India has imposed restrictions on edible oil import in its market, which has started taking toll on Bangladesh’s exports to the neighbouring country, officials say.
While the control is not country-specific, it goes against the spirit of the South Asian Free Trade Area, or Safta, accord, with the effect falling on Bangladesh, the exporters said.
Officials said the Directorate General of Foreign Trade, DGFT, of India on January 8 published a notification amending its import policy, which shifted products like refined bleached deodorised palm oil and palmolein from “free” category to the “restricted” one.
Due to the amendment, they said, every consignment of the edible oil has to enter the country obtaining prior approval from the DGFT, which is largely time-consuming and a discouraging.
Bangladeshi manufacturers mainly export edible oil to the north-eastern states of India.
Exporters said no part of the Bangladesh border with Indian north-eastern state is in DGFT’s land port list for applying the import permit. Thus, Indian buyers cannot obtain import permission through the north-eastern land ports.
SG Oil Refiners Ltd, a 100 per cent export-oriented refinery based in the Mongla Export Processing Zones, in a recent letter to the ministry of commerce, said its export is seriously hampered due to the restrictions imposed by India. “As a result, we are facing serious financial losses and are compelled to shut down our factory,” company chairman Sarwar J Talukder wrote in the letter.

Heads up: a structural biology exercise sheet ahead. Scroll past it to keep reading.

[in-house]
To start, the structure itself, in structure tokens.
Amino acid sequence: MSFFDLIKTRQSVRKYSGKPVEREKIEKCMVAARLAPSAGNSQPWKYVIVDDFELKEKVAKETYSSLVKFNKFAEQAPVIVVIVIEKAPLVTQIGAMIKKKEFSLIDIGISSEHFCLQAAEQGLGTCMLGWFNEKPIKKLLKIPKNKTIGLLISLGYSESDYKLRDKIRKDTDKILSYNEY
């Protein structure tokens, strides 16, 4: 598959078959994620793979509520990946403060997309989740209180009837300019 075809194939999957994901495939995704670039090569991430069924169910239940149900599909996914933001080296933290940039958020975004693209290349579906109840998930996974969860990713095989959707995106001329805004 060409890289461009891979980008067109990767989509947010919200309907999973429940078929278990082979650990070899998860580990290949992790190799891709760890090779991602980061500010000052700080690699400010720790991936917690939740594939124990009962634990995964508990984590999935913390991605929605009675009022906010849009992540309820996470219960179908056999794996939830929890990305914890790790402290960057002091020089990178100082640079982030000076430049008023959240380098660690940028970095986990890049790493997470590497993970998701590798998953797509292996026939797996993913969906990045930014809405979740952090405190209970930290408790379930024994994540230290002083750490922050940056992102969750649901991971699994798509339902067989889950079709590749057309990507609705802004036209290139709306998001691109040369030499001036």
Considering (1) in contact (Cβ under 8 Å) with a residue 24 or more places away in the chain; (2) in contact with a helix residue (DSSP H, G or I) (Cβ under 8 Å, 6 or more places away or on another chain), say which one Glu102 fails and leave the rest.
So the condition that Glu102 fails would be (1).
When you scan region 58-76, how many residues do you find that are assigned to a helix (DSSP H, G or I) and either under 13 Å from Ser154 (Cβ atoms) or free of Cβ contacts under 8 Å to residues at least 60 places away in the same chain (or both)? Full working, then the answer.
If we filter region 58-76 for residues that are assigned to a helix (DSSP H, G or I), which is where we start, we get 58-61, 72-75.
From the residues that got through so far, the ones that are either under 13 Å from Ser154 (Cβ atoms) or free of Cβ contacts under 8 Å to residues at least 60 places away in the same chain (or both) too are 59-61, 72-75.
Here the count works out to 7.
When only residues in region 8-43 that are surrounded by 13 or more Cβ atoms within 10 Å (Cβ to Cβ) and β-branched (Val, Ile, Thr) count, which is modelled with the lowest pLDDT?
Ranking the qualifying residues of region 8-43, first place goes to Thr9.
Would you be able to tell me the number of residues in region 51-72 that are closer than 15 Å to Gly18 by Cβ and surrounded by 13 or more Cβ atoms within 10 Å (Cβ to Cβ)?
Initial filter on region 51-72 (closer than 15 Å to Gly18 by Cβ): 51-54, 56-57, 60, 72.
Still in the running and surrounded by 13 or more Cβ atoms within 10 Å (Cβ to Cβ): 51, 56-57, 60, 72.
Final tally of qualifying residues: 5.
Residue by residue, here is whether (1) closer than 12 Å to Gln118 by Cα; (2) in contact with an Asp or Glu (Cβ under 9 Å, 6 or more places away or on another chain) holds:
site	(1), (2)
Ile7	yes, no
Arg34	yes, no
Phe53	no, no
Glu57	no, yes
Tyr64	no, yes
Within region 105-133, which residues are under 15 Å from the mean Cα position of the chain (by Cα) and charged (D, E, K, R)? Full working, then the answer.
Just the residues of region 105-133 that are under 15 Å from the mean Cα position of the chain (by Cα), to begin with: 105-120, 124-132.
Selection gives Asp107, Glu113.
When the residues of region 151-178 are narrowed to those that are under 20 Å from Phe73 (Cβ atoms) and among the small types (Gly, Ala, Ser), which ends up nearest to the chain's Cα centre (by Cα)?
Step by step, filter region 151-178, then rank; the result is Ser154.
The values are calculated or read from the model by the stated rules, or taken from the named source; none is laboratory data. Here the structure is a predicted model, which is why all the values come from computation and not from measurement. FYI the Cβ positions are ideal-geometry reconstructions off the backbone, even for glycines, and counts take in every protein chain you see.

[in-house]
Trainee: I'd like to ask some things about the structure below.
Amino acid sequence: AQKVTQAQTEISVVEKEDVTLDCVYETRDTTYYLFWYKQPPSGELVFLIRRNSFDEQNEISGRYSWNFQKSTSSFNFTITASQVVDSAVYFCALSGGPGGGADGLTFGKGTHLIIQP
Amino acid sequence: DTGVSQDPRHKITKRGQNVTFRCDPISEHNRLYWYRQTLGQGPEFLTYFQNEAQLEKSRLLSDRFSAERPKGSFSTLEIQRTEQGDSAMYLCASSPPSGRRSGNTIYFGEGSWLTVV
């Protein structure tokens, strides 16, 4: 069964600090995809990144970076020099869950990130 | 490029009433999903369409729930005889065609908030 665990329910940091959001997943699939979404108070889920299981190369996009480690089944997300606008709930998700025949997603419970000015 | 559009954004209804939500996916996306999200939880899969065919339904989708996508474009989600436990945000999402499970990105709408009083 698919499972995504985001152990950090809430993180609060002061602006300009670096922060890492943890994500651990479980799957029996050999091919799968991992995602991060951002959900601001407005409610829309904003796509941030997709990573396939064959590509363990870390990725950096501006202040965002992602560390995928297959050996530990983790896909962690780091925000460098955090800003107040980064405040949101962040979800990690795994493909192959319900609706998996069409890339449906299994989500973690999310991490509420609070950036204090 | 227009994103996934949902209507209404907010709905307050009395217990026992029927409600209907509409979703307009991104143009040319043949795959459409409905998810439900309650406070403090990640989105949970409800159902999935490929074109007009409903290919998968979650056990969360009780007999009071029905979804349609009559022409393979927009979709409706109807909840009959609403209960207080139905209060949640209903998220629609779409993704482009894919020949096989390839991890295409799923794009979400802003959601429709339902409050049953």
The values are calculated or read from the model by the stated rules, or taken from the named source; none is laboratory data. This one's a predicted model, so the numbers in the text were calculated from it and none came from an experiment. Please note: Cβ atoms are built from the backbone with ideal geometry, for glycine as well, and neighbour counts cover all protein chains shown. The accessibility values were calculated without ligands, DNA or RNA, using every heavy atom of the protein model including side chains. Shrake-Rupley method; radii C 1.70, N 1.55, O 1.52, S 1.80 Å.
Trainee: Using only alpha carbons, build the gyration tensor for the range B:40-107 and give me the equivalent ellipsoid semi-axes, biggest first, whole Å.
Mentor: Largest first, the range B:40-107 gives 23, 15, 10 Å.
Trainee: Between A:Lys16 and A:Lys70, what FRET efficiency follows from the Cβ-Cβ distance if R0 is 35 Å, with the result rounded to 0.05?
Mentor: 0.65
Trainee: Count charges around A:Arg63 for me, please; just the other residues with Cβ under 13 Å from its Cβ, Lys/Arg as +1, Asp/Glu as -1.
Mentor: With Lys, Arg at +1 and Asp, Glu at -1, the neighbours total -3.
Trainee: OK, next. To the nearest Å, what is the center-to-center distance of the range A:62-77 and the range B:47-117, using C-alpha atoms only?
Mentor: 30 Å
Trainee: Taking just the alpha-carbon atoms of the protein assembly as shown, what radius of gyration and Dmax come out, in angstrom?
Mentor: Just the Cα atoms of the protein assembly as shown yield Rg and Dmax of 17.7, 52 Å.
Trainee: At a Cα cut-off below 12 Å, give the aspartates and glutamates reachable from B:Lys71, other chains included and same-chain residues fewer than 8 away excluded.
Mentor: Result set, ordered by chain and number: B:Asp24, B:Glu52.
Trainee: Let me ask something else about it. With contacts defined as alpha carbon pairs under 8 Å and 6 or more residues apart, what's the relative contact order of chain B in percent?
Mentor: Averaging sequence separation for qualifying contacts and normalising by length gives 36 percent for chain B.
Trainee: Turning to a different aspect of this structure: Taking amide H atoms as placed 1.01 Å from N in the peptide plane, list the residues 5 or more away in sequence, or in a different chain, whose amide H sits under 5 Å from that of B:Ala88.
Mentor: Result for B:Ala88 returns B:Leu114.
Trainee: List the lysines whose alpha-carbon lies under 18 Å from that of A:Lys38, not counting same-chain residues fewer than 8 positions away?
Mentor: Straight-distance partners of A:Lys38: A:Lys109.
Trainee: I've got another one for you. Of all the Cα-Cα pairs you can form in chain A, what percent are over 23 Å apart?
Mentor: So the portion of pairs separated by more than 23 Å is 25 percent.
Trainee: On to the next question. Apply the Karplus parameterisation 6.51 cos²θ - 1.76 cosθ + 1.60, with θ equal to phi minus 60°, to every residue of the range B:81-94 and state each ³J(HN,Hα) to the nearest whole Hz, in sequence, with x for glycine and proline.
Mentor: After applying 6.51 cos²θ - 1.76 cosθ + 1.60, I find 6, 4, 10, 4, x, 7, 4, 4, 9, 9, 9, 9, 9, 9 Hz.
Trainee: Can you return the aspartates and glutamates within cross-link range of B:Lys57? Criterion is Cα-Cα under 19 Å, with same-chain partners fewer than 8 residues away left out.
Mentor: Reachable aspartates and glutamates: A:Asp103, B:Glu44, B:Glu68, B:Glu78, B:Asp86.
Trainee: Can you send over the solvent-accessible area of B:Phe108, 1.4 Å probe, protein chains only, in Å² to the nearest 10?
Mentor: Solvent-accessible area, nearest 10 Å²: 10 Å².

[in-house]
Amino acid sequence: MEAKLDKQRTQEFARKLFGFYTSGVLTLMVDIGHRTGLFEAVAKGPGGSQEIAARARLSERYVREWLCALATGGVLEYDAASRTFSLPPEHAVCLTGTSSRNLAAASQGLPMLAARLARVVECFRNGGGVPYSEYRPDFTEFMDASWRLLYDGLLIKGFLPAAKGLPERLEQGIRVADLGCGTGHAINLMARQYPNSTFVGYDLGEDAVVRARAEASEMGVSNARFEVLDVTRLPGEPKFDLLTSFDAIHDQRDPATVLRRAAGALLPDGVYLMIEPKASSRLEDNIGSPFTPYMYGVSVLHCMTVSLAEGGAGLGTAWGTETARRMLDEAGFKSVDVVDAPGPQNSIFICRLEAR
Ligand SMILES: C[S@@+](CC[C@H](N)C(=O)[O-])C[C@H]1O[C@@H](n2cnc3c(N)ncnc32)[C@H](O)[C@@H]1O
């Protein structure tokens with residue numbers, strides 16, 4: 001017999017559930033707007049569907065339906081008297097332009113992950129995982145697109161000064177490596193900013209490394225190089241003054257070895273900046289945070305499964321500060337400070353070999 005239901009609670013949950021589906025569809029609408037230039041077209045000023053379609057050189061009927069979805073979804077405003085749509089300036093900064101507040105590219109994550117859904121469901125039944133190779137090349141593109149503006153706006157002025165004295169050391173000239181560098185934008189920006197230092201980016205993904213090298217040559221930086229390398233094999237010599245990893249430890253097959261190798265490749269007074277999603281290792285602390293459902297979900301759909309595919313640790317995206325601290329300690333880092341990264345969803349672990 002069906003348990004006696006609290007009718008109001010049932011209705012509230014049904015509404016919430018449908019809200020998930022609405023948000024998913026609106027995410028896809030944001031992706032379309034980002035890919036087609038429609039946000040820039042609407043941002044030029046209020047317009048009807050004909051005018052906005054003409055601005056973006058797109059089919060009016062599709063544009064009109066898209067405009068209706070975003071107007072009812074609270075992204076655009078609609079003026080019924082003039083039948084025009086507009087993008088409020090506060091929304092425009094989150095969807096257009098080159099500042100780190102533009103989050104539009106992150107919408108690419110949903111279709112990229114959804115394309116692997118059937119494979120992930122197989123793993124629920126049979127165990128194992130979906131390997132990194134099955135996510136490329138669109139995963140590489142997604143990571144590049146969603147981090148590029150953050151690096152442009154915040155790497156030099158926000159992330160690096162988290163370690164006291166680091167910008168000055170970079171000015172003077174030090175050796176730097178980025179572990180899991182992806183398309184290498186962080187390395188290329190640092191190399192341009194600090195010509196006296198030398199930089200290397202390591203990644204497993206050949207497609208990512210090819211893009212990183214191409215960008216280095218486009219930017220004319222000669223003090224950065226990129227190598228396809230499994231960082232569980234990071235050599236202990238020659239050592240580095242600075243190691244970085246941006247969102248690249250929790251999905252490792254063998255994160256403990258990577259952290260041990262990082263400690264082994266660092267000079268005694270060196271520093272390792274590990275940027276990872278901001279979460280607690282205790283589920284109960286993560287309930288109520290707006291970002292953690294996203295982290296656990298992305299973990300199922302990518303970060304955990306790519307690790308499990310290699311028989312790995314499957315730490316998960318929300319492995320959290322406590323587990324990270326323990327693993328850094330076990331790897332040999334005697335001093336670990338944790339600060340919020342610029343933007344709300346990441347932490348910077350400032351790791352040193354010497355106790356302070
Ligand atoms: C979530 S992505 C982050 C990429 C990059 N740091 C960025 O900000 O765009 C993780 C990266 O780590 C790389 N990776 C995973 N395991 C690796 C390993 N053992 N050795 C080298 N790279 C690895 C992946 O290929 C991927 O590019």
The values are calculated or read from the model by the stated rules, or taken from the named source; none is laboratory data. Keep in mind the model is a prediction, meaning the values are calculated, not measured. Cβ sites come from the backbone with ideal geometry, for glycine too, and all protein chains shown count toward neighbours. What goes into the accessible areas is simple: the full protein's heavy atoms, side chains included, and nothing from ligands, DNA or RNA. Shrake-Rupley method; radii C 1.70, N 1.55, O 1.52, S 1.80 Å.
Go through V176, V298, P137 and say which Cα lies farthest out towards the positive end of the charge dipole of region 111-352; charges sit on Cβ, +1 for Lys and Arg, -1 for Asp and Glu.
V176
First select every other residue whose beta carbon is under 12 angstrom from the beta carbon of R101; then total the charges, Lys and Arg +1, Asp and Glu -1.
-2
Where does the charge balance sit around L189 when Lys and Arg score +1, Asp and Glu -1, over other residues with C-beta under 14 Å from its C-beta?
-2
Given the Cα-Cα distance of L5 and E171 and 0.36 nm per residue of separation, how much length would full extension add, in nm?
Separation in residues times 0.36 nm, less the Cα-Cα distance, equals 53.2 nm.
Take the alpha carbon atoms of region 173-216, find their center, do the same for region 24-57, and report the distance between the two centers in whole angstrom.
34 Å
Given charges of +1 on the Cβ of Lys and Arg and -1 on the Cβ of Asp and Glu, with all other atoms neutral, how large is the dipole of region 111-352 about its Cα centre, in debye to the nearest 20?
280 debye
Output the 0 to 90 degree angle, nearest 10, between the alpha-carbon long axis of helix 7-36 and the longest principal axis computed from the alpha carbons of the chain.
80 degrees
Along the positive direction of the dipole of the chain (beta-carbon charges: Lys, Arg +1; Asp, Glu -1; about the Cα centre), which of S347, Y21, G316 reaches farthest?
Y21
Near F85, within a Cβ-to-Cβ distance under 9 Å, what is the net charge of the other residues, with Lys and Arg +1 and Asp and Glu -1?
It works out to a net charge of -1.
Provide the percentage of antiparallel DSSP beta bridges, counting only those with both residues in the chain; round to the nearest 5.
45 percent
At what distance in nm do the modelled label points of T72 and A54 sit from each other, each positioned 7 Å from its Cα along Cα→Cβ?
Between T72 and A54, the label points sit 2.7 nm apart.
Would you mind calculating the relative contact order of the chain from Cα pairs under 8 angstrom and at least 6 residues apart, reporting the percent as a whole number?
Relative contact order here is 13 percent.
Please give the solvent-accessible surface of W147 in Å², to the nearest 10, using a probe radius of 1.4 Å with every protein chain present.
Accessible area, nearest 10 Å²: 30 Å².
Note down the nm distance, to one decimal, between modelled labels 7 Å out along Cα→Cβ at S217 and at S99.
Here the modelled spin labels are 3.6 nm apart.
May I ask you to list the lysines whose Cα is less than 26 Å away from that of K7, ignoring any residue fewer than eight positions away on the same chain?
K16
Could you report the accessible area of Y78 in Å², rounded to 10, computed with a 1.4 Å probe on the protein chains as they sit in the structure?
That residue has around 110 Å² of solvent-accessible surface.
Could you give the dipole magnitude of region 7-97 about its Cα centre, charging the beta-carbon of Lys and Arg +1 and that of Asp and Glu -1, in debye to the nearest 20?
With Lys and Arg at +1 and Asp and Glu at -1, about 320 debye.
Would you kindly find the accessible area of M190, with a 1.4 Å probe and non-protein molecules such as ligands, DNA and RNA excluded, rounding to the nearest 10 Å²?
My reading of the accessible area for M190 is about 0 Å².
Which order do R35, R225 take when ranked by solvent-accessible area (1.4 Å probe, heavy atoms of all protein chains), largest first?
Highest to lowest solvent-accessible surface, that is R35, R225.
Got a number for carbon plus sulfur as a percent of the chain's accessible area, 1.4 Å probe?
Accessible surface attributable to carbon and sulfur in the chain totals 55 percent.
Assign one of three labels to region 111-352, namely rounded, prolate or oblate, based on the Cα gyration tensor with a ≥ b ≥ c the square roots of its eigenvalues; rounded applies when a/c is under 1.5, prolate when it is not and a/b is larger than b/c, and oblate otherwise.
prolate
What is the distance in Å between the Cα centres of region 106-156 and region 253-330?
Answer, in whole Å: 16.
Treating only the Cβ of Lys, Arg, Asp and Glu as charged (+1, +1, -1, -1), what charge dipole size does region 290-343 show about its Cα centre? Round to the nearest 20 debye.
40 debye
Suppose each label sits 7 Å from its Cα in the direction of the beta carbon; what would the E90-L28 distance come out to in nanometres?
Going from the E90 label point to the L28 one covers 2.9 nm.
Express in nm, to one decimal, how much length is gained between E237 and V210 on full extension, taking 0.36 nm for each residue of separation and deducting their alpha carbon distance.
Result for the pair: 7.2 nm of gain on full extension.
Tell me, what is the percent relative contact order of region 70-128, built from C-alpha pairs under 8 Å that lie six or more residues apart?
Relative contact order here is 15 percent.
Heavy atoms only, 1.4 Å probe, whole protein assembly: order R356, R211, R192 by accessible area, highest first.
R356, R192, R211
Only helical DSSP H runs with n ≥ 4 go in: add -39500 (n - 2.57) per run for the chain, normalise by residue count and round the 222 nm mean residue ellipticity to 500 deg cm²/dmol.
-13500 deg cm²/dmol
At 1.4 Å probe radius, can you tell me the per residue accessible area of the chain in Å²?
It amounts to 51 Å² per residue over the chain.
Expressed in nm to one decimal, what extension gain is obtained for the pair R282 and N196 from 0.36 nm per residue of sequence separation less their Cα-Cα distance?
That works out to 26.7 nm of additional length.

He also wrote that Bangladesh being a signatory to the Safta deal is supposed to get protection from such restrictions.
The Article 17 of Safta — maintenance of the value of concessions— stated that “Any of the concessions agreed upon under this agreement shall not be diminished or nullified, by the application of any measures restricting trade by the contracting states, except under the provisions of other articles of this agreement”.
In reference to the above article of Safta, the withdrawal of concession as imposed through the notification issued by the government of India “is against the spirit of SAFTA,” Mr Talukder added.
A senior commerce ministry official told the FE on Monday since Bangladesh’s edible oil export to India is on the rise, the neighbouring country trying to create obstacles in various ways.
During fiscal year 2018-19 Bangladesh exported edible oil worth over $100 million.
He said during the bilateral commerce secretary-level meeting in New Delhi late last week, Bangladesh side raised the issue seeking the withdrawal of the restrictions on Dhaka.
The Indian officials, he noted, assured Bangladeshi counterparts of revisiting the decision after discussion with government’s high ups.
“We will send a formal letter this week to India seeking an immediate action for the removal of the restriction,” he added.